Contact Us Today! (972) 712-1515

"The Blog"

Changes to ABLE Accounts You Should Know

Posted by Darryl V. Pratt | Apr 07, 2019 | 0 Comments

Changes to ABLE Accounts You Should Know

If you have a loved one with disabilities, you may be familiar with “ABLE” accounts, authorized by Congress in 2014 under the Achieving a Better Life Experience Act. ABLE accounts are tax advantaged savings accounts – similar to 529 education savings plans – whose funds can be used to pay for certain qualifying expenses of disabled individuals. As a result of the Tax Cuts and Jobs Act (TCJA), there are several changes that affect ABLE accounts. 

What You Should Know

First, a 529 account can now be rolled over to an ABLE account. However, the ABLE account must be for the same beneficiary as the 529 account or for a member of the same family. Previously, families who originally funded a 529 account for a child whose disability manifested later in life would suffer a tax penalty if the funds were withdrawn from the 529 account to cover medical expenses because they were not allowable education expenses. Now those same funds, through the use of the rollover, can be made available for the beneficiary's disability - related expenses. There are limits as to how much can be rolled over, so it is important to discuss any changes to a 529 plan with your tax professional.

Second, a beneficiary of an ABLE account can now contribute their personal earned income into their own account. The maximum amount a beneficiary can contribute is equal to the annual federal poverty level for a one - person home ($12,490.00 in 2019 in the continental United States and the District of Columbia). These contributions, however, are separate and apart from contributions made to the ABLE account by other individuals (family members, friends, estates, trusts, etc.). Further, a working beneficiary will not be eligible to contribute their own money to the ABLE account if their employer contributes to a workplace retirement plan on his or her behalf.

Third, those beneficiaries who contribute to their own ABLE account, as opposed to others who contribute to the account, may be eligible for the Saver's Credit. Up to $2,000 of the contributions made by ABLE account beneficiaries may be eligible for this credit. This may help lower any income tax owed by the beneficiary or help increase any refund the beneficiary may be entitled to. There are, however, additional requirements that need to be met and it is 

important to check with an experienced professional to determine what credits may be available for a beneficiary who contributes to their own account.

Know Your Options

It is important to know that ABLE accounts, as well as special needs trusts, have an underlying purpose: to supplement, not replace, the benefits and services provided by government programs like Medicaid and Supplemental Security Income (SSI). If you have a loved one with special needs, contact us to help guide you through the process of creating a plan that best suits your family's needs.

About the Author

Darryl V. Pratt

With over twenty (20) of experience as a dual-licensed Attorney and Certified Public Accountant, Darryl V. Pratt has practiced law in all areas of corporate and business law, non-profit law, estate planning, probate, guardianship, asset protection planning, bankruptcy (Chapters 7, 13 and 11), real estate, and taxation.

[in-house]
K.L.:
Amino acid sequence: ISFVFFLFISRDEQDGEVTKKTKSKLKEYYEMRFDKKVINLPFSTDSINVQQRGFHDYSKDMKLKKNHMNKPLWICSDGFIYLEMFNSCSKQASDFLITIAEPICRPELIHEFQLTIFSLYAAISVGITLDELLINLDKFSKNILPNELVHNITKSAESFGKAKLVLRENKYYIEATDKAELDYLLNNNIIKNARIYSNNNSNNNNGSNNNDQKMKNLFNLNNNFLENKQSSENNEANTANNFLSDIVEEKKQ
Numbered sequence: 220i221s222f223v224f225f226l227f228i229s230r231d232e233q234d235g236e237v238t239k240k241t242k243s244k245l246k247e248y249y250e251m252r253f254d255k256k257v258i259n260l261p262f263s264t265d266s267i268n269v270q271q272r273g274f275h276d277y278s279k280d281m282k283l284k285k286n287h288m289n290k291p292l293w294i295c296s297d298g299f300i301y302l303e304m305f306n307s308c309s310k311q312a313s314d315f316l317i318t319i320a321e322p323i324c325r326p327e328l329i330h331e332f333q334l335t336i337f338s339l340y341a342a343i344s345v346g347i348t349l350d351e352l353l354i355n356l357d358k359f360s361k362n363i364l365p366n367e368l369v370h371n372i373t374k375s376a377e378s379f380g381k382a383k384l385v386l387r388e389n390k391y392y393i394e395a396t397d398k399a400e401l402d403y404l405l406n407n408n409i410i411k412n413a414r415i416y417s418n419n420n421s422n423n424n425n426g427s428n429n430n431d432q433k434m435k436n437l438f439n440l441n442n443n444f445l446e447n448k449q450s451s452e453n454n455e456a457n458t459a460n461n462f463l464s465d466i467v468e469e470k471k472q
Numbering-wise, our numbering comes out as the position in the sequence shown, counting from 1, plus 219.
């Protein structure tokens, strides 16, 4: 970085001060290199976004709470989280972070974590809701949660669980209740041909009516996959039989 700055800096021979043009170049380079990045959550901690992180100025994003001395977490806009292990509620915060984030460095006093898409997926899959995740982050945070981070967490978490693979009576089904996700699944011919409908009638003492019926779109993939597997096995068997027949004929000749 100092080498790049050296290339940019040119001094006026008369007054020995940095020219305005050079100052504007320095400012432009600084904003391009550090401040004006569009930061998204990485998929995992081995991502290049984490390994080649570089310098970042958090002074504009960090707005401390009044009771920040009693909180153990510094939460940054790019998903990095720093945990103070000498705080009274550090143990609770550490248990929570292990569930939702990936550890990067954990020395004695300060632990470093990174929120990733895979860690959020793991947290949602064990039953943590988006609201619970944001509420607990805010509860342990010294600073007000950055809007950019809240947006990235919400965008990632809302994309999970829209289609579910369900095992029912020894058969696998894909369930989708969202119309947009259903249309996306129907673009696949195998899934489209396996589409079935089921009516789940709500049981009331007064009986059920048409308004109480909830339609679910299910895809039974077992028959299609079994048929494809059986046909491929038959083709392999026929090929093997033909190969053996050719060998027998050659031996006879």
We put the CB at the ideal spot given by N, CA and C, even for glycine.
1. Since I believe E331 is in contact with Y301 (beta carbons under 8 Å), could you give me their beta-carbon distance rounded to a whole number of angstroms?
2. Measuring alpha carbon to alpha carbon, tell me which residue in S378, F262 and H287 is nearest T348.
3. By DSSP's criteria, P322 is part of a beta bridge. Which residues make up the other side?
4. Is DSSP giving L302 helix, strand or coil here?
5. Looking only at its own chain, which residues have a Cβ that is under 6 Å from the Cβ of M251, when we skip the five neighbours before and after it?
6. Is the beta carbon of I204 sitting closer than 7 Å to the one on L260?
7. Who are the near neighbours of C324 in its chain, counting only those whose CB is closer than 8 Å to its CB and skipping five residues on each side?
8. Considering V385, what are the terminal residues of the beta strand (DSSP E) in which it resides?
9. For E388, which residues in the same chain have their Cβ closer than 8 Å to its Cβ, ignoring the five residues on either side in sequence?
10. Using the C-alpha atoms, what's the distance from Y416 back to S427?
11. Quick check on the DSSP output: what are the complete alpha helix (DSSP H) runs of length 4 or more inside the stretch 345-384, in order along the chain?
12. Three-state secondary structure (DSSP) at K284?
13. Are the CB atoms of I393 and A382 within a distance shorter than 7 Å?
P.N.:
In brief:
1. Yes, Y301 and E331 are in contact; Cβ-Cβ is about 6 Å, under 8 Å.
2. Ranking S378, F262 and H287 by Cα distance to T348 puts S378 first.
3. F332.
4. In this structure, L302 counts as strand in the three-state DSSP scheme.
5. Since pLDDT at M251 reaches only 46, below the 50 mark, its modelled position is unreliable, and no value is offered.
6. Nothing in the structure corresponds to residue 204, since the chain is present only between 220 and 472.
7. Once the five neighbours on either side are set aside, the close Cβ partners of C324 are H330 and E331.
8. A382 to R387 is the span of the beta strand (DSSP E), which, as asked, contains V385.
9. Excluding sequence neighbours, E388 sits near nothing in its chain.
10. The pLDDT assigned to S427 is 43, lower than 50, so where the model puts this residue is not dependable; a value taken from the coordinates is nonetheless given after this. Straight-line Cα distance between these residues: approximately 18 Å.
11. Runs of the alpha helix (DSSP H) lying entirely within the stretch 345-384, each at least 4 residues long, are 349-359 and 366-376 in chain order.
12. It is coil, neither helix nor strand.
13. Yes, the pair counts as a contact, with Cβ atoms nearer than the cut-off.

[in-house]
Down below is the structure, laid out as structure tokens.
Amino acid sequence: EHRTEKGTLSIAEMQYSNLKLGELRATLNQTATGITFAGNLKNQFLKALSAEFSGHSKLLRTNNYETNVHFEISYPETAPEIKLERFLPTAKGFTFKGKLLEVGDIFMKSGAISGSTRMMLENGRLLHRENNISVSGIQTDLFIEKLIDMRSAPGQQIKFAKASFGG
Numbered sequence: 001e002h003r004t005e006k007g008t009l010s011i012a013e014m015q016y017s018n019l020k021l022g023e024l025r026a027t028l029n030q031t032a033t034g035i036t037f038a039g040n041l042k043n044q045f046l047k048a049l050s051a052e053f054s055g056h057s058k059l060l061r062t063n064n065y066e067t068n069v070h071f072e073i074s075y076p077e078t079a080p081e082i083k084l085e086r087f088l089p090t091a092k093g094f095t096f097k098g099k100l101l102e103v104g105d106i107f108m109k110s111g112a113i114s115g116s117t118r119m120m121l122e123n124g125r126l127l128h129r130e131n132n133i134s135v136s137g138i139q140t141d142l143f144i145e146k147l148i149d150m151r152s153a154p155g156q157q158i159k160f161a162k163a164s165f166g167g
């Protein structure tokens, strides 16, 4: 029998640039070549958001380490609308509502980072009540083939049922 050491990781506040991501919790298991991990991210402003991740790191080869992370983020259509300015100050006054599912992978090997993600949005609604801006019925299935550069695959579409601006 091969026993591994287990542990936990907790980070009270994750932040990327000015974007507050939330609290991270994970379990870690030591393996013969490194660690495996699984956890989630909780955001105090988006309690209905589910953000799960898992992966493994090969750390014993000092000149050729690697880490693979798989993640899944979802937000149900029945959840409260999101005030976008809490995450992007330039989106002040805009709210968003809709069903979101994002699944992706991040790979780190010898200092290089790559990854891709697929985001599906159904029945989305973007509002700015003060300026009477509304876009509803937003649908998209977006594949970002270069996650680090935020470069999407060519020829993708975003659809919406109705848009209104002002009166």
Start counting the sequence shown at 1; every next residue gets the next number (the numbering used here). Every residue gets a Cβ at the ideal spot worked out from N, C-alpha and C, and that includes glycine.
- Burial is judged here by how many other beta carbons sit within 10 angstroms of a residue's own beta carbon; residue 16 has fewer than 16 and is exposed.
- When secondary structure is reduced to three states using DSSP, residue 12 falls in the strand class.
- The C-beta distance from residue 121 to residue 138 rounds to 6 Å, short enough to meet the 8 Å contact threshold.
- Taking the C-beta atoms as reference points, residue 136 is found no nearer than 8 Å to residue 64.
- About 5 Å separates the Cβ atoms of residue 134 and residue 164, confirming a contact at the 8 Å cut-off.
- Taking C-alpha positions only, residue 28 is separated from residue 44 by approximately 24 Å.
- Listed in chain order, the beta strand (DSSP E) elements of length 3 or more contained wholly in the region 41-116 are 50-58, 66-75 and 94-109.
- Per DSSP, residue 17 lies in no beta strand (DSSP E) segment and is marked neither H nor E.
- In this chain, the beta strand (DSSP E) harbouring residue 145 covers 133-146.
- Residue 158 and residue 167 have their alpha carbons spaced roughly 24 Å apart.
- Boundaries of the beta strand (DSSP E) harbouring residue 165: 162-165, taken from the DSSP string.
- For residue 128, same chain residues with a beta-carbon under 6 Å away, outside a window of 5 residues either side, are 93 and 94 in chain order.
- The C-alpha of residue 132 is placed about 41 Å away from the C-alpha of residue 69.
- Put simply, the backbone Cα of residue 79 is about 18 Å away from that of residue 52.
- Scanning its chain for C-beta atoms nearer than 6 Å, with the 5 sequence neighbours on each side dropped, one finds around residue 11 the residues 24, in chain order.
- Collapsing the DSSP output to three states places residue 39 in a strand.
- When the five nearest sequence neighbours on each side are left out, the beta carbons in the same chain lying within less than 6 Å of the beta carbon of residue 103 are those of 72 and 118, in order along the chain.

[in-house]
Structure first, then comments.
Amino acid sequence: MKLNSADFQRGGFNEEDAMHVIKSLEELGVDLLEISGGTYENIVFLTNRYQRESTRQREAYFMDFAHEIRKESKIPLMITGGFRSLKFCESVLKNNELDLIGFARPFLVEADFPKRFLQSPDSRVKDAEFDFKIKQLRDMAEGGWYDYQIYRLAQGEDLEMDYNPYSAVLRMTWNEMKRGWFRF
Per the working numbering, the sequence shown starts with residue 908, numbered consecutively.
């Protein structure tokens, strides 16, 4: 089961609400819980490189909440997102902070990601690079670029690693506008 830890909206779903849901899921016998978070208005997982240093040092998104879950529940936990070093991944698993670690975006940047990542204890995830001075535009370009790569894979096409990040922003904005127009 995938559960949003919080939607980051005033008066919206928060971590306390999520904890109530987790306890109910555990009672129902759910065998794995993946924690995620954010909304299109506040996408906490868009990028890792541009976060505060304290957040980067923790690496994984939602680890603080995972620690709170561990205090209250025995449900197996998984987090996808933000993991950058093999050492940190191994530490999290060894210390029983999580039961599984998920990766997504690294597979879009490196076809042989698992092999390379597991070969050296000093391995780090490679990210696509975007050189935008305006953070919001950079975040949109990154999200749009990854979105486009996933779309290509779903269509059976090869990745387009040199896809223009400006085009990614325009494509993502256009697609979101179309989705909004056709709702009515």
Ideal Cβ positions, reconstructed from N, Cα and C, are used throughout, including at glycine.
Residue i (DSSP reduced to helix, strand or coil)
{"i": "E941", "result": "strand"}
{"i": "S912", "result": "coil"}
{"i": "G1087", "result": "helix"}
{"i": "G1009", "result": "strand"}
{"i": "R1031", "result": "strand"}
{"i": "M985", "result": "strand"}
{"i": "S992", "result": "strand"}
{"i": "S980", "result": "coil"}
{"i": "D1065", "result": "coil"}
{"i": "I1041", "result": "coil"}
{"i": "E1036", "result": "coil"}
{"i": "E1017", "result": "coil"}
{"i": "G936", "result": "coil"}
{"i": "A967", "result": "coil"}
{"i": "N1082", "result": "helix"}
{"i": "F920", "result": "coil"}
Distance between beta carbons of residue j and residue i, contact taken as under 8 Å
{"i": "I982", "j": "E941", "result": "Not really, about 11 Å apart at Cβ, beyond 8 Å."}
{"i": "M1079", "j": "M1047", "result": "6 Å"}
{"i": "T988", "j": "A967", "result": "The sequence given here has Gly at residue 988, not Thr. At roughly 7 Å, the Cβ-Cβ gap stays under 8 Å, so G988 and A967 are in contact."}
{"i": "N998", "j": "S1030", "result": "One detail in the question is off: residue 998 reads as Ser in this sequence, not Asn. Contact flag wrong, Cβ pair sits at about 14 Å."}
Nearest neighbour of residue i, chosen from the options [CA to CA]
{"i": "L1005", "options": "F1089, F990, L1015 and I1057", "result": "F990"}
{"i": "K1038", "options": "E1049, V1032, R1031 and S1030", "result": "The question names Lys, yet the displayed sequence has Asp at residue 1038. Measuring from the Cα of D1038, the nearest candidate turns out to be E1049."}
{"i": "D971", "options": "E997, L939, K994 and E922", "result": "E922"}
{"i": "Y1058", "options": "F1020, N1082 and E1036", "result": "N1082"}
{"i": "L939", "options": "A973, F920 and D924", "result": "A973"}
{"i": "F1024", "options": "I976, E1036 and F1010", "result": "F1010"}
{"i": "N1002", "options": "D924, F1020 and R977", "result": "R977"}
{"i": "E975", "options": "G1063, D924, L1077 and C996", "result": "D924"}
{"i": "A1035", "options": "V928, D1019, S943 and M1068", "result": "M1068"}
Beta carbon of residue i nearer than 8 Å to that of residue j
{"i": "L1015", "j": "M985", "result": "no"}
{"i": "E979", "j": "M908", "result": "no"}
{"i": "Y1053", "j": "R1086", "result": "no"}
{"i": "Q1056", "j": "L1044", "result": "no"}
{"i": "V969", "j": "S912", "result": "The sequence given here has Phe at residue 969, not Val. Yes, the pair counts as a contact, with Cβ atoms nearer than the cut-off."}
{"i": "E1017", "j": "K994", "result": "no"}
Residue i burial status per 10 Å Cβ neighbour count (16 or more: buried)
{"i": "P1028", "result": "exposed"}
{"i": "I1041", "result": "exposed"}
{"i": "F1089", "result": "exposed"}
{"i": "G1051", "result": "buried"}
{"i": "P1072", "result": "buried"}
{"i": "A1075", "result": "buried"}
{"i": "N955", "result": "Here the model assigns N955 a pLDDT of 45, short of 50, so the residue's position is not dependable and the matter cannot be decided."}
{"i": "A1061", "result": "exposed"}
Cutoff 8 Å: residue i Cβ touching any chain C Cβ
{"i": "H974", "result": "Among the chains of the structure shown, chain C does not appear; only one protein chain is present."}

Comments

There are no comments for this post. Be the first and Add your Comment below.

Leave a Comment

DISCLAIMER Pratt Law Group, PLLC (PLG) has prepared the material on this web site, for informational purposes only; it does not constitute legal advice. Further, the material on this site does not create, and receipt does not constitute an attorney-client relationship. The information here is not intended to substitute for obtaining legal advice from an attorney. No person should act or rely on any information in this site without seeking the advice of an attorney. Members of the law firm of PLG are licensed to practice in various courts and jurisdictions; attorneys are specifically licensed to practice in state courts that are enumerated on their individual attorney profiles. We also have affiliations in particular cases with attorneys licensed in additional states. PLG does not offer any guarantee of case results. Although we are extremely proud of our excellent track record, past success does not guarantee success in any new or future case or client matter. This web site is considered advertising by the State Bar of Texas under the applicable law and ethical rules. The determination of the need for legal services and the choice of a lawyer are extremely important decisions and should not be based solely upon advertisements or self-proclaimed expertise. Only those attorneys who state they are Board Certified in their profiles on this website are Board Certified. All other attorneys are not Board Certified. Darryl V. Pratt is the attorney responsible for this site. The principal office of PLG is 2591 Dallas Parkway, Suite 505, Frisco, Texas 75034. Please note that the transmission of an e-mail inquiry itself does not create an attorney-client relationship. PLG cannot serve as your counsel in any matter unless you and our firm expressly agree in writing that we serve as your attorney. You should also be aware that the Statute of Limitations (the deadline imposed by law within which you may bring a lawsuit) may have expired or may severely limit the time remaining for you to file any potential claims you may have. Time is of the essence. If you believe you have a possible legal case, it is important that you seek out legal advice as soon as possible.

Menu